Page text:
Georgian mourning ring, inscribed 1826

$4,160.00

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This splendid Georgian 18-carat gold mourning ring commemorates the captivating life of a poor Irish boy who became a Church of England bishop – by way of the American War of Independence – and his love for a favourite daughter.

Inside it bears hallmarks for London 1824 and two lines of inscription:

Charles, Bishop of Cloyne Ob 9 Aug.t 1826

Selina Warburton Ob 12 Mar 1826

“Of all the officers and men,” says a website dedicated to the study of His Majesty’s 62nd Regiment of Foot, “there is no rags to riches story more compelling.”

It’s talking about Charles Warburton, born Terrence Charles O’Mungan in 1754, the youngest son of a famed blind “poor road-way piper” in County Tyrone.

Destined to follow an older brother into the Catholic priesthood, young Terrence travelled to France to study. There he met a powerful patron in the Earl of Moira, and resolved to take holy orders in the Anglican church instead.

(The Irish harpist Arthur O’Neill offers an entertaining account of Terrence’s conversion as told by his estranged father, Dominic O’Mungan: “He fell in love with a young lady who was a Protestant. She informed him she could not have him as he was a Papist, on which he read his recantation, and then demanded her hand, on which, to his mortification, she scornfully informed him that she would be sorry to marry a turncoat.”)

The young clergyman did marry about this time, the lady recommended to him by his noble patron. She died soon afterwards.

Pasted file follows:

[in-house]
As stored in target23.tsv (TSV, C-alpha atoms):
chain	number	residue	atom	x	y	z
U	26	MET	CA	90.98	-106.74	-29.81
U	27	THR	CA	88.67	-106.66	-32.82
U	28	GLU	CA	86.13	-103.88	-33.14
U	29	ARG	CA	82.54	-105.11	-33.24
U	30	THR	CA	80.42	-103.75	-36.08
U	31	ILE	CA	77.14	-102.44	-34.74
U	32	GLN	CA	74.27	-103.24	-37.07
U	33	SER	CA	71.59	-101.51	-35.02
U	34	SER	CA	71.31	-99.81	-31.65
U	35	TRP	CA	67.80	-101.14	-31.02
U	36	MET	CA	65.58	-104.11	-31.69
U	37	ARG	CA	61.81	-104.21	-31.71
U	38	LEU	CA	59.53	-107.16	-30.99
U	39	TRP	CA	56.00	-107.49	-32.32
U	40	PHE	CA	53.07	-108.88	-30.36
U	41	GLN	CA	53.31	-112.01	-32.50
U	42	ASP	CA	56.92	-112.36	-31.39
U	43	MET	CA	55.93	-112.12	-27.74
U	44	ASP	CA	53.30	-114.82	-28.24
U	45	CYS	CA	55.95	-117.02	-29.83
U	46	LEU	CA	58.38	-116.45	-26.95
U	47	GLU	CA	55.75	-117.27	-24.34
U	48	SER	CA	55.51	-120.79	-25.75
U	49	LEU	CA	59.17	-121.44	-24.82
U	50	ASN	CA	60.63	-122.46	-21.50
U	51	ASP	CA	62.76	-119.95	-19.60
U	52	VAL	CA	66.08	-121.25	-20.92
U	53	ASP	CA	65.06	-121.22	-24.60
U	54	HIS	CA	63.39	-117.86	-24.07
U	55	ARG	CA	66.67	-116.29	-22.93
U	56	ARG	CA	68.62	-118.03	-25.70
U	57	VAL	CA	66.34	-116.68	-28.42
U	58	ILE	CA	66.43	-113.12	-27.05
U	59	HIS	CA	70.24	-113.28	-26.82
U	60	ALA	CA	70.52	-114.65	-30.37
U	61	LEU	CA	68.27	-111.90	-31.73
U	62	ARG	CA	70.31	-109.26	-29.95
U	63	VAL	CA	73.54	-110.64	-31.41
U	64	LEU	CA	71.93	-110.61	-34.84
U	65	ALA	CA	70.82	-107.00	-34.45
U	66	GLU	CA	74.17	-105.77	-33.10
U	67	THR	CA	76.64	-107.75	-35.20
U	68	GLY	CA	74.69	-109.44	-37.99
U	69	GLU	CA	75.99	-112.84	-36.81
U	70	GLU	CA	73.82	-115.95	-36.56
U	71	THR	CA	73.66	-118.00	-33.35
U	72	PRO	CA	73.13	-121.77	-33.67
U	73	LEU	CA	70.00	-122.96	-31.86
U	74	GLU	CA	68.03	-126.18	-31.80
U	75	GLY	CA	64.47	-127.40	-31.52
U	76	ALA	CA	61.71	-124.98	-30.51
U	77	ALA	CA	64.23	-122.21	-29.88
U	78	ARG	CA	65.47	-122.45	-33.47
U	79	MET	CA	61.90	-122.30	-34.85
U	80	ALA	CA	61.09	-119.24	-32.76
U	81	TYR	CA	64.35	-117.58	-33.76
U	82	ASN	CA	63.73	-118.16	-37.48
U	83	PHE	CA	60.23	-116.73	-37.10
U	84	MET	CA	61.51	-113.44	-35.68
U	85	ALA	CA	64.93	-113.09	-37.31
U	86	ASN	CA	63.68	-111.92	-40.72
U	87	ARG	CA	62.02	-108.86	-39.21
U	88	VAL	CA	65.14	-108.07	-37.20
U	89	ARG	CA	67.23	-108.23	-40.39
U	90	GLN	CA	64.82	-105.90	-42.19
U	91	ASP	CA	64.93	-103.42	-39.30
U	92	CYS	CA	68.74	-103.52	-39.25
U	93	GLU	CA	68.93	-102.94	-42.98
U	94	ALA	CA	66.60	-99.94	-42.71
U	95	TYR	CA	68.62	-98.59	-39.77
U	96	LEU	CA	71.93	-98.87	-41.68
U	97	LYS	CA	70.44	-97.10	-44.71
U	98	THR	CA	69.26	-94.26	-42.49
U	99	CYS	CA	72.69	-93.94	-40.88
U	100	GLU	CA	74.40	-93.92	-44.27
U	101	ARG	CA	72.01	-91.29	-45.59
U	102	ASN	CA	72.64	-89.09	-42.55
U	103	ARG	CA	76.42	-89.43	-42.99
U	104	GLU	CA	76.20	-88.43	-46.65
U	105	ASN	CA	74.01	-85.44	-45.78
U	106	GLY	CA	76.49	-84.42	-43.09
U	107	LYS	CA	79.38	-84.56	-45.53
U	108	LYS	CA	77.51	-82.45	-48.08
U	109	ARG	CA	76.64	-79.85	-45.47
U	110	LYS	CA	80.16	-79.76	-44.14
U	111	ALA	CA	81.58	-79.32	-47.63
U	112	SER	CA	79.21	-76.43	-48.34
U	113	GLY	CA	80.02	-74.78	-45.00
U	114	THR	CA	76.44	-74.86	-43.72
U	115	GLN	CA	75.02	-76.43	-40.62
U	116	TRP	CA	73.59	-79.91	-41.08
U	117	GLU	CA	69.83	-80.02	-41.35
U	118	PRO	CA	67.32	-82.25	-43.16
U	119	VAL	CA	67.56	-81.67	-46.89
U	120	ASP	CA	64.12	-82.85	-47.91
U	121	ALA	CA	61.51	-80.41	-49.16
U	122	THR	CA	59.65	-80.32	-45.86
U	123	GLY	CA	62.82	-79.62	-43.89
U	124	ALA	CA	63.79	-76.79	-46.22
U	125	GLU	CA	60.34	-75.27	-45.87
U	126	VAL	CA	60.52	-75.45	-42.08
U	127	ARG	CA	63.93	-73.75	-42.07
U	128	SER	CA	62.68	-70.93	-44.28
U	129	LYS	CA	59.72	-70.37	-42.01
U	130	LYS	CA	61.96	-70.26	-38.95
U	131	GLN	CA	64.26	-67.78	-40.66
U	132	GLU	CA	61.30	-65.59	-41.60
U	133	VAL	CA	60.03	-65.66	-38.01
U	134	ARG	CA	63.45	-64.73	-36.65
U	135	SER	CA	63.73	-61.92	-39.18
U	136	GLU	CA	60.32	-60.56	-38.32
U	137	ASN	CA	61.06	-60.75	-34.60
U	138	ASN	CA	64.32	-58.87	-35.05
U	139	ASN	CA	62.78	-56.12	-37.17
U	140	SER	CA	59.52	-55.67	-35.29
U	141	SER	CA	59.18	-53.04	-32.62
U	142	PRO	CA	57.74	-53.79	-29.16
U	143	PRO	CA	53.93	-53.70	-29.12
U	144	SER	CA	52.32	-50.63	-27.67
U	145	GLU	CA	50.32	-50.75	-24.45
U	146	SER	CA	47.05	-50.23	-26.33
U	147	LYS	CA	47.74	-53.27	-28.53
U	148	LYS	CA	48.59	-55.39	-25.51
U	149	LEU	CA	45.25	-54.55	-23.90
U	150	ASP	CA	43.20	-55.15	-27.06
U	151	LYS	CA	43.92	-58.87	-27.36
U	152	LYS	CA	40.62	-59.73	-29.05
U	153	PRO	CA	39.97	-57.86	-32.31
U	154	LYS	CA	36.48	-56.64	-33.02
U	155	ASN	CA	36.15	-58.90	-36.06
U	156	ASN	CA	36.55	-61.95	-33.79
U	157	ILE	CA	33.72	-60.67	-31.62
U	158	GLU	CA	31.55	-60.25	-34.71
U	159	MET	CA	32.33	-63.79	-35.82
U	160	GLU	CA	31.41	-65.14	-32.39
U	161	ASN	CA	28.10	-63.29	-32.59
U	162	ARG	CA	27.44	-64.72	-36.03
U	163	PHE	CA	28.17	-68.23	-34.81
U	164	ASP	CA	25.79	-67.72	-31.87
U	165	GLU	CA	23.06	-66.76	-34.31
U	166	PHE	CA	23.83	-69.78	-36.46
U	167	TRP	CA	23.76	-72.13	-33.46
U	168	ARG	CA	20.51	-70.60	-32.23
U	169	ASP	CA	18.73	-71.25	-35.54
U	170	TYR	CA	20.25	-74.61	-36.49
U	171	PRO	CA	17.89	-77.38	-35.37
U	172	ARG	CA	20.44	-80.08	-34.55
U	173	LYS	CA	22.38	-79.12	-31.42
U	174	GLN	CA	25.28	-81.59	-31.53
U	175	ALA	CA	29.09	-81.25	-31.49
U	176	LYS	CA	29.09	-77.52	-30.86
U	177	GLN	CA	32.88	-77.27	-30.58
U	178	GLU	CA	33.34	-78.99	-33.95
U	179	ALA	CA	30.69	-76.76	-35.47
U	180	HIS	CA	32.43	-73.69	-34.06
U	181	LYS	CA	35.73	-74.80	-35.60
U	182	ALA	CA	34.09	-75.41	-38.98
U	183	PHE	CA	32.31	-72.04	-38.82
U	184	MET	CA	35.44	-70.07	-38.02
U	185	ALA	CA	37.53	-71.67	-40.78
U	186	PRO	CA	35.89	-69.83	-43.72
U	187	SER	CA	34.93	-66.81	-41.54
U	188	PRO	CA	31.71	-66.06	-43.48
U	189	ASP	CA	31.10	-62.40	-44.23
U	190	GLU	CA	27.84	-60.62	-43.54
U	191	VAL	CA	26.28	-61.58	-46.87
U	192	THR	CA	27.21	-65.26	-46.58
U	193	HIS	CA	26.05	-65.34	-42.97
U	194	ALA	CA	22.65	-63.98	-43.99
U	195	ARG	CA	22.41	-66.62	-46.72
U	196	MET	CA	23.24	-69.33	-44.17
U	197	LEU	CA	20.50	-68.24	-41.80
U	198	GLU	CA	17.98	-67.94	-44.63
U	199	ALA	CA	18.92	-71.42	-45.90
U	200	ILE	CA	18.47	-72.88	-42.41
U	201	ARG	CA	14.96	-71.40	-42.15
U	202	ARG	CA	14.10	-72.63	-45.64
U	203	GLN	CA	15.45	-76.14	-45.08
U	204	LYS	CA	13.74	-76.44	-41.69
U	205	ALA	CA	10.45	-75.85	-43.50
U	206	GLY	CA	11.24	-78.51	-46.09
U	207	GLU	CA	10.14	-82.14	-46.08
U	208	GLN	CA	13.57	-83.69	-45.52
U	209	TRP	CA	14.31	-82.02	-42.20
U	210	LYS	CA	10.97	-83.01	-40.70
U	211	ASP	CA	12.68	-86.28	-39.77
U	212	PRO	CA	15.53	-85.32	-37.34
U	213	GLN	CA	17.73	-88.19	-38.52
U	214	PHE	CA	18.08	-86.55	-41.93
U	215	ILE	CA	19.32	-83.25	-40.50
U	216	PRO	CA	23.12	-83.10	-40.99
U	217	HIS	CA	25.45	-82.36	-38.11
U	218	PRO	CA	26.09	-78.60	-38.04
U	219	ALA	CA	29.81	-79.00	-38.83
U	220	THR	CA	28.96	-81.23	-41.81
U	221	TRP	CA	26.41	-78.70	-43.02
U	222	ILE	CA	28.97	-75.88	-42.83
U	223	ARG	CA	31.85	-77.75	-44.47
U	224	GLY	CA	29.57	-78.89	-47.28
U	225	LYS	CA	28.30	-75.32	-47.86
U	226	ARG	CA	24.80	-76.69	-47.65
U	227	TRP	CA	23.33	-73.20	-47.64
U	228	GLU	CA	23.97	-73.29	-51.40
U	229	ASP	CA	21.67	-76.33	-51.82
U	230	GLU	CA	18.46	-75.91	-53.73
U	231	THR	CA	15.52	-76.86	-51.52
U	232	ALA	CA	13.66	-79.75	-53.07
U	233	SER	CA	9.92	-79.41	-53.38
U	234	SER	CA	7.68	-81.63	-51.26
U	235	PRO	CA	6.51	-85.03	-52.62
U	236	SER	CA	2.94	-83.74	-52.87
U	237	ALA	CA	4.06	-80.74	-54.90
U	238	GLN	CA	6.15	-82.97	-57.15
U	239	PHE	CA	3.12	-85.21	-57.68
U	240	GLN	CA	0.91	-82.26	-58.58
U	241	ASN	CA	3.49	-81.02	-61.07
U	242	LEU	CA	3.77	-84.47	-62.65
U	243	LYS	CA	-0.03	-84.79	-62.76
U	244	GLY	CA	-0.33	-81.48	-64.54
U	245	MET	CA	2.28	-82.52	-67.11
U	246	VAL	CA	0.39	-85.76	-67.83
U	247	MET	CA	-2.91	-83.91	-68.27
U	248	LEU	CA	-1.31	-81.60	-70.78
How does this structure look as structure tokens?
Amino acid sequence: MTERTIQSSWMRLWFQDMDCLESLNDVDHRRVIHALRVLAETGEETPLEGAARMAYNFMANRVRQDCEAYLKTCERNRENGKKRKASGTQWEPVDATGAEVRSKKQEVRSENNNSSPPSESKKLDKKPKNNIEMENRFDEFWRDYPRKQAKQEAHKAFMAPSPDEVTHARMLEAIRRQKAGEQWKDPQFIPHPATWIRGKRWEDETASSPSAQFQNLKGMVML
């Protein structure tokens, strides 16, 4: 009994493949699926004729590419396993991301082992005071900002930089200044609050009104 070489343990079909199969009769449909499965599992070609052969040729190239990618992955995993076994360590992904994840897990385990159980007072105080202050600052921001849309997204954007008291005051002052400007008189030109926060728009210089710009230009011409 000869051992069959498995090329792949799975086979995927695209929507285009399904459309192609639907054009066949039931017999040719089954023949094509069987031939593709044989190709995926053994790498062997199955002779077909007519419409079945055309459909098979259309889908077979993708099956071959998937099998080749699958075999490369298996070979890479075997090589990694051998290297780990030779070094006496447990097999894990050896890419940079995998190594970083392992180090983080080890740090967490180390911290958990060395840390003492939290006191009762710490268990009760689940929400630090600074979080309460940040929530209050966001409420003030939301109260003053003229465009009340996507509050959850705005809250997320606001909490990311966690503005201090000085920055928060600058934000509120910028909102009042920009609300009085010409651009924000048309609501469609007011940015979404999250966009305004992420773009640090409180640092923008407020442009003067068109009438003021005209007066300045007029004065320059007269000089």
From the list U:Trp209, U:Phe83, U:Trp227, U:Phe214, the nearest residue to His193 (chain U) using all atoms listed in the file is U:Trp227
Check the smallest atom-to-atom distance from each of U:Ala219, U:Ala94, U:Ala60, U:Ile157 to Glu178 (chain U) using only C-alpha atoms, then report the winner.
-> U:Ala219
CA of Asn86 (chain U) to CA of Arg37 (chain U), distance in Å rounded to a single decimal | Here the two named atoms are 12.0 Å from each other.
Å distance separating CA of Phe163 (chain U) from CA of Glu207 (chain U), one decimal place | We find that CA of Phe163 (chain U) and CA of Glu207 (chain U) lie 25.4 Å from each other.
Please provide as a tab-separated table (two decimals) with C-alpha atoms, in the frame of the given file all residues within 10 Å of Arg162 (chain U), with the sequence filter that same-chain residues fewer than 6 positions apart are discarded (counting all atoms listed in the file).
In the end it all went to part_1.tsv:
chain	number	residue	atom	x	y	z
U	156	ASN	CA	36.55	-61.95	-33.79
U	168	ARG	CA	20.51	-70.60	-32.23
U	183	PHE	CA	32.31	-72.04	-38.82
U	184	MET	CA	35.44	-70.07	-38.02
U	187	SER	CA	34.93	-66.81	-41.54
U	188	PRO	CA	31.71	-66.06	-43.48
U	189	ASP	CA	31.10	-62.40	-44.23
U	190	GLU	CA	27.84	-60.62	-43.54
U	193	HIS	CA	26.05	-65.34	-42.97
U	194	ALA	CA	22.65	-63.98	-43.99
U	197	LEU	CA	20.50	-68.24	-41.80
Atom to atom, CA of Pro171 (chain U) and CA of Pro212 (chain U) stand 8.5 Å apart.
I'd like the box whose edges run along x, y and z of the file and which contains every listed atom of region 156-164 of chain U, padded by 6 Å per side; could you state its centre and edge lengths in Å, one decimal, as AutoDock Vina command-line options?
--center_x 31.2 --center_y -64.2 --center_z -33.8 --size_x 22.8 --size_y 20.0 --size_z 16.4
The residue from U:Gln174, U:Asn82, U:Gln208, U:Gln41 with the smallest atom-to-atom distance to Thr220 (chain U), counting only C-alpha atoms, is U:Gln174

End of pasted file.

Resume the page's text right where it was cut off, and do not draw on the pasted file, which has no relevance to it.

He anglicised his name to Charles Mongan and began serving the 62nd as a chaplain, first in Ireland in 1776 and then Canada.

He was with the regiment when it was forced to surrender at Saratoga after two bloody 1777 battles that proved to be a turning point in the American Revolutionary War, as they convinced France and Spain that an independent United States was viable.

He ministered to men wounded in the Battle of Freeman’s Farm and visited injured prisoners of war held at a rebel camp in Bemis Heights.

Freed due to his non-combatant status, he married Frances Marston in New York in 1779 and went on to serve other British battalions, as well as undertaking a year-long mission to Canada, before returning to his homeland.

The couple had six children: Garnett, Charles, Augustus-Frederick, John, Charlotte Ann and Selina.

There followed a series of increasingly lucrative Irish postings. His sights set on becoming a bishop, Charles adopted the English surname Warburton from a maternal cousin and obtained a doctorate of divinity from Trinity College in Dublin.

He was consecrated bishop of Limerick in 1806 and transferred to Cloyne in 1820.

The family thrived. Two sons joined the army, another the church. One daughter married an archdeacon. And Selina, the youngest, became renowned as a “public benefactress” devoted to helping the poor, according to an obituary written about her father.

It says she “died of a decline, brought on, as it is believed, by a misplaced affection”. It was a tragedy from which the bishop never recovered.

He died five months later in his palace at Cloyne; his last instructions were that he should be laid by his daughter’s side.

Such a story! So much love symbolised by such a little jewel!

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• Handmade in 18-carat yellow gold with black enamel, glass and woven hair, hallmarked London 1824
• Size approximately 8 1/4 or Q – this ring cannot be resized
• Weight is 7.5 grams
• In excellent antique condition – there is minor loss to the enamel around the frame
• Will come in a Karen Deakin gift box (my antique boxes are not for sale)

Please examine the photographs carefully – they form part of the description.

I’d be very happy to send more information and images. Layaway available.

I accept returns within 14 days if you’re not delighted with your purchase.

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